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In J.P. Chan's nine-minute video, a woman working at a suburban Chinese restaurant in East Providence, Rhode Island, thinks back to what her life was like before she left China. The smog in Beijing was so thick one could barely see the apartment buildings (she often felt as if she would never see a genuinely blue sky). Prior to leaving Beijing she also smoked her last cigarette. Beijing Haze captures the sense of isolation in a person who as left everything familiar behind, only to find herself alone and perhaps a little homesick in a strange new land.
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The Dwelling is a 16-minute video by Sheldon Candis that examines a group of homeless Japanese men who have found ingenious ways to brighten their lives. Whether scrounging for cinder blocks and supplies with which to build and paint their tiny huts by the river, or describing their previous jobs in the printing industry, these men demonstrate a rare resiliency.
Easily satisfied with cheap meals consisting of ramen noodles (and happy with an occasional chance to gamble), the men show the filmmaker how they do their laundry without any electricity by making clever use of the washroom facilities in a local park. Showing little desire for the lifestyle they left behind, each man explains how he survives in a society that has always been obsessed with saving face.
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Howie Shia's seven-minute animated short, Flutter follows a pair of high-top sneakers that magically grow wings and take their owner on a whirlwind adventure. Although handsomely filled with black and white artwork, it did not hold my attention very well.
By contrast, Maura Milan's five-minute video entitled Crocodile easily captivated the viewer with its comparison between a young, confused teenage boy swimming in the river and close-up shots of a crocodile capable of inflicting harm with a fierce fury on anyone who crosses its path.
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Two other shorts, although far from perfect, had strong appeal. In Maya Lorton's refreshing five-minute video, Korean American children discuss the role that Christianity and the practice of religion play in their family routine. The interviewees in Save Me range from a young man in his teens (who basically sees religion as a method for making him feel guilty) to younger children, who sometimes see it as a way to separate them from the Caucasian children at their school.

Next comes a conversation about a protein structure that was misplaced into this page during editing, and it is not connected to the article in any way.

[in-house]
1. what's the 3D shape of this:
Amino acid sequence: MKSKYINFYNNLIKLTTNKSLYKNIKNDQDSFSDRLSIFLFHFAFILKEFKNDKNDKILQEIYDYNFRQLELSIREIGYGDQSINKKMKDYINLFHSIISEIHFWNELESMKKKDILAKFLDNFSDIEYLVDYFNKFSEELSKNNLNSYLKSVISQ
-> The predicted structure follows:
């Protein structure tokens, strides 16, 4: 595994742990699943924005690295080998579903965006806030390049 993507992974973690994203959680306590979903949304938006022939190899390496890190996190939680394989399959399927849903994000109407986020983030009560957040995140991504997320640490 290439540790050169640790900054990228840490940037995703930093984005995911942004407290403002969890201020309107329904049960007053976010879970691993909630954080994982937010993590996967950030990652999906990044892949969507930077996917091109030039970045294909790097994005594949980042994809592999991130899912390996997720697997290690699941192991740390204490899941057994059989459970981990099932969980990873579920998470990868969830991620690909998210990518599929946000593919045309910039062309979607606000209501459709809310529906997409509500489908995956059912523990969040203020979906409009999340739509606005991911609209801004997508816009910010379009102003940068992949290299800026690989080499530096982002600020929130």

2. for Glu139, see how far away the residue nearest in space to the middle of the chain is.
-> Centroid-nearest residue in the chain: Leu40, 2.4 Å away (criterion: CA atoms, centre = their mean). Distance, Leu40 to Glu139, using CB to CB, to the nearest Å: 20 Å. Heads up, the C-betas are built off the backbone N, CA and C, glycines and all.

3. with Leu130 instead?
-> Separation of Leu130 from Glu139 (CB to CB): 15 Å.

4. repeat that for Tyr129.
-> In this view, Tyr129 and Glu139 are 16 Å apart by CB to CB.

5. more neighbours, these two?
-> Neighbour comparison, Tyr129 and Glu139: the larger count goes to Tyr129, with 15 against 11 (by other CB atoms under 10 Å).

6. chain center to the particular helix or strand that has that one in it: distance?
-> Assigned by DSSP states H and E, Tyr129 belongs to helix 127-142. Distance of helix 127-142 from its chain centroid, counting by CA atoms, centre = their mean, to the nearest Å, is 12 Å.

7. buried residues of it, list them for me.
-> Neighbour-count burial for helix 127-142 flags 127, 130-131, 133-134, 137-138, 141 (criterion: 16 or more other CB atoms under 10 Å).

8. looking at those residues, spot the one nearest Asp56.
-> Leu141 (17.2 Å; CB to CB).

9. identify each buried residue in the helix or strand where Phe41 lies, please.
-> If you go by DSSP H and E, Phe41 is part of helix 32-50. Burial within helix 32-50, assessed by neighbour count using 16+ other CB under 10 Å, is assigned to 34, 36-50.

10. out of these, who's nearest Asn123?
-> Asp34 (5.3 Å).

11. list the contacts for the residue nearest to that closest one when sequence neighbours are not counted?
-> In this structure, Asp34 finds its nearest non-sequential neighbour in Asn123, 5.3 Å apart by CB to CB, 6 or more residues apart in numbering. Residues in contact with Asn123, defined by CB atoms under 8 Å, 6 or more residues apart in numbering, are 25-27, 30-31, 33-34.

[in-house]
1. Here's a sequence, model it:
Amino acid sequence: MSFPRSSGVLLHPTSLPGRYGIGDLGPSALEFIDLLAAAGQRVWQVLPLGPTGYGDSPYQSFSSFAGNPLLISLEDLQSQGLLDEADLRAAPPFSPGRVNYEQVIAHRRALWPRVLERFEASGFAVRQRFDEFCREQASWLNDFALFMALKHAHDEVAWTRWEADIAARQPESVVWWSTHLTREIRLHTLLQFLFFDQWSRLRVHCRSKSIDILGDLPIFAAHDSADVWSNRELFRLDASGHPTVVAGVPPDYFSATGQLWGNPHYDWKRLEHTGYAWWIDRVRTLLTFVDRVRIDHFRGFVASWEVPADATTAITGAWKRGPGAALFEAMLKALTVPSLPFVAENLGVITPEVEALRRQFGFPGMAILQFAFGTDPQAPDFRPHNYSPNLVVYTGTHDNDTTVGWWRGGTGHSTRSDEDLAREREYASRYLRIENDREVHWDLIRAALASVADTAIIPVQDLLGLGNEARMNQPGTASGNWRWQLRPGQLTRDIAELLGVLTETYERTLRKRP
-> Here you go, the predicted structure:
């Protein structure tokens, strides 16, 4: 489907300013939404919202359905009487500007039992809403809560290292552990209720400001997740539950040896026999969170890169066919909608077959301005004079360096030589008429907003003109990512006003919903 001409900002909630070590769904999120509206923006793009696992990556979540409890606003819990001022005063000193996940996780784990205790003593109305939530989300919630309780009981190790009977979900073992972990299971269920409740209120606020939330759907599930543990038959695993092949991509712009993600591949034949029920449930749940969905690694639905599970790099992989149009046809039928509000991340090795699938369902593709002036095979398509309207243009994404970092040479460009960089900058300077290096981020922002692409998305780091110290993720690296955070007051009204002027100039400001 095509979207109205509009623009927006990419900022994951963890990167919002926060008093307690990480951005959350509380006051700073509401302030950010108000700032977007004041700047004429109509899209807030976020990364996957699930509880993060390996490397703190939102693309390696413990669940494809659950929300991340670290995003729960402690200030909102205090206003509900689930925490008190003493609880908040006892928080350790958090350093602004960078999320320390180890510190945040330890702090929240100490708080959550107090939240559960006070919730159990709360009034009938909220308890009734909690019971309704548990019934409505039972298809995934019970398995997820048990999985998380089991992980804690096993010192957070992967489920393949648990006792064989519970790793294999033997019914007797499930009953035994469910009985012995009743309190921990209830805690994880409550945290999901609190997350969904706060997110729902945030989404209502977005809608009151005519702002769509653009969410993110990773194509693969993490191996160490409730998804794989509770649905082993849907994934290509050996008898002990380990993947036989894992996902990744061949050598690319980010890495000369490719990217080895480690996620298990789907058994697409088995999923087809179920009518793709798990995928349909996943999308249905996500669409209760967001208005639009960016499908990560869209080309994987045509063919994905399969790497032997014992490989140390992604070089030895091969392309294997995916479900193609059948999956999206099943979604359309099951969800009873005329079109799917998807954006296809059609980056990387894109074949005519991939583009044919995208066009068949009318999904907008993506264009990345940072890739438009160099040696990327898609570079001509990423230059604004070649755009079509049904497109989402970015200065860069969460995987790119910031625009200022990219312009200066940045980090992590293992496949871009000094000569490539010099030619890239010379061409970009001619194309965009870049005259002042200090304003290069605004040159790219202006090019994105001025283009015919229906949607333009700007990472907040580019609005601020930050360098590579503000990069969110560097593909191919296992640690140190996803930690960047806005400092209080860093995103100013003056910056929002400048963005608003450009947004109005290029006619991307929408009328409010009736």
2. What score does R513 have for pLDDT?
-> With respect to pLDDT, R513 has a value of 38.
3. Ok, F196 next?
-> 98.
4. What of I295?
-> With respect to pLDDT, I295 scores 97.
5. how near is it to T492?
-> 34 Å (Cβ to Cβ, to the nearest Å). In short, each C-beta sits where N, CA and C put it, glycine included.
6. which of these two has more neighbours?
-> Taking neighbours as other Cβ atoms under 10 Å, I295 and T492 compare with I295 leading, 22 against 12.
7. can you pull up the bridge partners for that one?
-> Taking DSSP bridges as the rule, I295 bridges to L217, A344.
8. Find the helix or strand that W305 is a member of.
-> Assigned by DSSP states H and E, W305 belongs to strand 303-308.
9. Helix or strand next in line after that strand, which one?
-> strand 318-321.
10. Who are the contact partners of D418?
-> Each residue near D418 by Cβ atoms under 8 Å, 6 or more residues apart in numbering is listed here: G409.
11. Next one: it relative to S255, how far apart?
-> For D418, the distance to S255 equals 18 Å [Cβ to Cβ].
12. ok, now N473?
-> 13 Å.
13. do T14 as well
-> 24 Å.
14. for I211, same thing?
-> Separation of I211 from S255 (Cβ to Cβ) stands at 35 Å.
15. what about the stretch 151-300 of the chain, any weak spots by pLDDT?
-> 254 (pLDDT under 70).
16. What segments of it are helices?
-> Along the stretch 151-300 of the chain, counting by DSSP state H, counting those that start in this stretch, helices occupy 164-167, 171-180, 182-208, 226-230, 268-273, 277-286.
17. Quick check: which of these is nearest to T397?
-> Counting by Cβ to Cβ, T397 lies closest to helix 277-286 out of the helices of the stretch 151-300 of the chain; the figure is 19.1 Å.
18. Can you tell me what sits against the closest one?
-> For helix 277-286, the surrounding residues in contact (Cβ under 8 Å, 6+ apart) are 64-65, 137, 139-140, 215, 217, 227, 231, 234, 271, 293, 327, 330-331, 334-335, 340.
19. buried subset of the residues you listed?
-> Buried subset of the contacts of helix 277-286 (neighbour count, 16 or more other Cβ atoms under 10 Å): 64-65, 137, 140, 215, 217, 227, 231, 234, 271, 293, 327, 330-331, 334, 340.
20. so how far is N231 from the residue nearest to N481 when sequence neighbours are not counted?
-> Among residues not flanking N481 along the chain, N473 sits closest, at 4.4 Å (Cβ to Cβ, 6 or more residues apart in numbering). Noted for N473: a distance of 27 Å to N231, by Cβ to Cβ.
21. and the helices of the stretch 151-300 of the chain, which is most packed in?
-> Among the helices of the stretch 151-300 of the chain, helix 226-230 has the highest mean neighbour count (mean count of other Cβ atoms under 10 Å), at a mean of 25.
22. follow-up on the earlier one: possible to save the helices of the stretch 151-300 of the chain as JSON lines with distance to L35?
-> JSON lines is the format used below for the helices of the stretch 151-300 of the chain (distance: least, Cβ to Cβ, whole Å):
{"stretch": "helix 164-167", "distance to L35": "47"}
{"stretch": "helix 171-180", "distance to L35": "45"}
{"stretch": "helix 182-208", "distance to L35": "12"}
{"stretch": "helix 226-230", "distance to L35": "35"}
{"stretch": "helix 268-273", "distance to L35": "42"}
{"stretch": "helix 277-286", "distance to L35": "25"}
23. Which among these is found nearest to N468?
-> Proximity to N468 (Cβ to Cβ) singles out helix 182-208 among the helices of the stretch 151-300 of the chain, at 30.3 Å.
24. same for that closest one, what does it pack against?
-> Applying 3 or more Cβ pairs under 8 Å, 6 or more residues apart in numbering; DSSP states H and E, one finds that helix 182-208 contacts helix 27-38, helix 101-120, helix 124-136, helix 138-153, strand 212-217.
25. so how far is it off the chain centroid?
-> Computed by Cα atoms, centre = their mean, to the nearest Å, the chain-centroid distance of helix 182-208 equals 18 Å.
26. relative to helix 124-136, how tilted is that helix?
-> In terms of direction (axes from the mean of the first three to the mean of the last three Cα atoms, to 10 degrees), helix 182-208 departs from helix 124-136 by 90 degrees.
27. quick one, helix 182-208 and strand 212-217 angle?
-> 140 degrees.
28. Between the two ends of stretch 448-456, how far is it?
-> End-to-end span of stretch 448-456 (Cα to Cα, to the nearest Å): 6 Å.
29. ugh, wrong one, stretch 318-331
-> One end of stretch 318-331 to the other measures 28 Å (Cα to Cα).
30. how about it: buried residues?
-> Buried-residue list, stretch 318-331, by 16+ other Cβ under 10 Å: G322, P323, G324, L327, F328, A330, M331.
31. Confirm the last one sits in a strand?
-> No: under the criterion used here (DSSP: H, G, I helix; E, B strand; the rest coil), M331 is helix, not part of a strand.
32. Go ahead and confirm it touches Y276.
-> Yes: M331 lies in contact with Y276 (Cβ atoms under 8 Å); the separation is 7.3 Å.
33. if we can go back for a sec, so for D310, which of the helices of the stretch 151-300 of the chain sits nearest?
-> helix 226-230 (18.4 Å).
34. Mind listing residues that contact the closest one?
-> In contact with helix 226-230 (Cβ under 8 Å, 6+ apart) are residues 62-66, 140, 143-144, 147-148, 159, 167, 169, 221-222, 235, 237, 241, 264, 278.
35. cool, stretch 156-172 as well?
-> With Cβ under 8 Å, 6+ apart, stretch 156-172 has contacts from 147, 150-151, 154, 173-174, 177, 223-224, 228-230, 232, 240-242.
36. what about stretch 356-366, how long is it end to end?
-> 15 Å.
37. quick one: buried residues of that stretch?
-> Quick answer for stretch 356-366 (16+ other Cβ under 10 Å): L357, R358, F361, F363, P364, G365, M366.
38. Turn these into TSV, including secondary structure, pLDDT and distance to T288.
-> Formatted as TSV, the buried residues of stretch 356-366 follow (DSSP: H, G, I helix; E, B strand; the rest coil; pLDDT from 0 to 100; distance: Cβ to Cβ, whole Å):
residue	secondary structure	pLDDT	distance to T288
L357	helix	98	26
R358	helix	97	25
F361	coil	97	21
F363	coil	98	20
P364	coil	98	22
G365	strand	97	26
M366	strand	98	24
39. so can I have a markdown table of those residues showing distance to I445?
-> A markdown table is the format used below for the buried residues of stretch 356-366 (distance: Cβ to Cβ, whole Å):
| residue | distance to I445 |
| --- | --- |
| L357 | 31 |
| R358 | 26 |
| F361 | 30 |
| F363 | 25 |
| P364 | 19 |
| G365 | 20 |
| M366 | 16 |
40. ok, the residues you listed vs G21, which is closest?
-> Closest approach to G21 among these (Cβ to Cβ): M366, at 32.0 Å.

Lorton's film has a refreshing candor as children describe their parents' attempts to make them follow religious ritual, even if the parents are more interested in playing golf on Sunday.
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Finally, Boo Junfeng's Homecoming follows the path of a young Singaporean who returns home from school in Barcelona to prepare to enter his country's military as part of his national service. Although it is never overtly stated that he is gay, one gets the sense that he had the freedom to come out while in Spain. Coming home to a nosy grandmother who wants to know why he didn't meet any girls -- and an angry father who cuts the boy no slack -- he spends some of his last moments of freedom in an empty sports stadium with a friend as they discuss what lies ahead.
The actor who stars in this 16-minute short provides plenty of soulful eye candy. However, the best part of this film is its musical score -- a magnificent composition for piano that does a rare job of capturing the changing emotional makeup of a teenager who has seen a different part of the world and is now being forced to briefly return to the cramped emotional and physical confines of his childhood before heading off to the Army to become a man.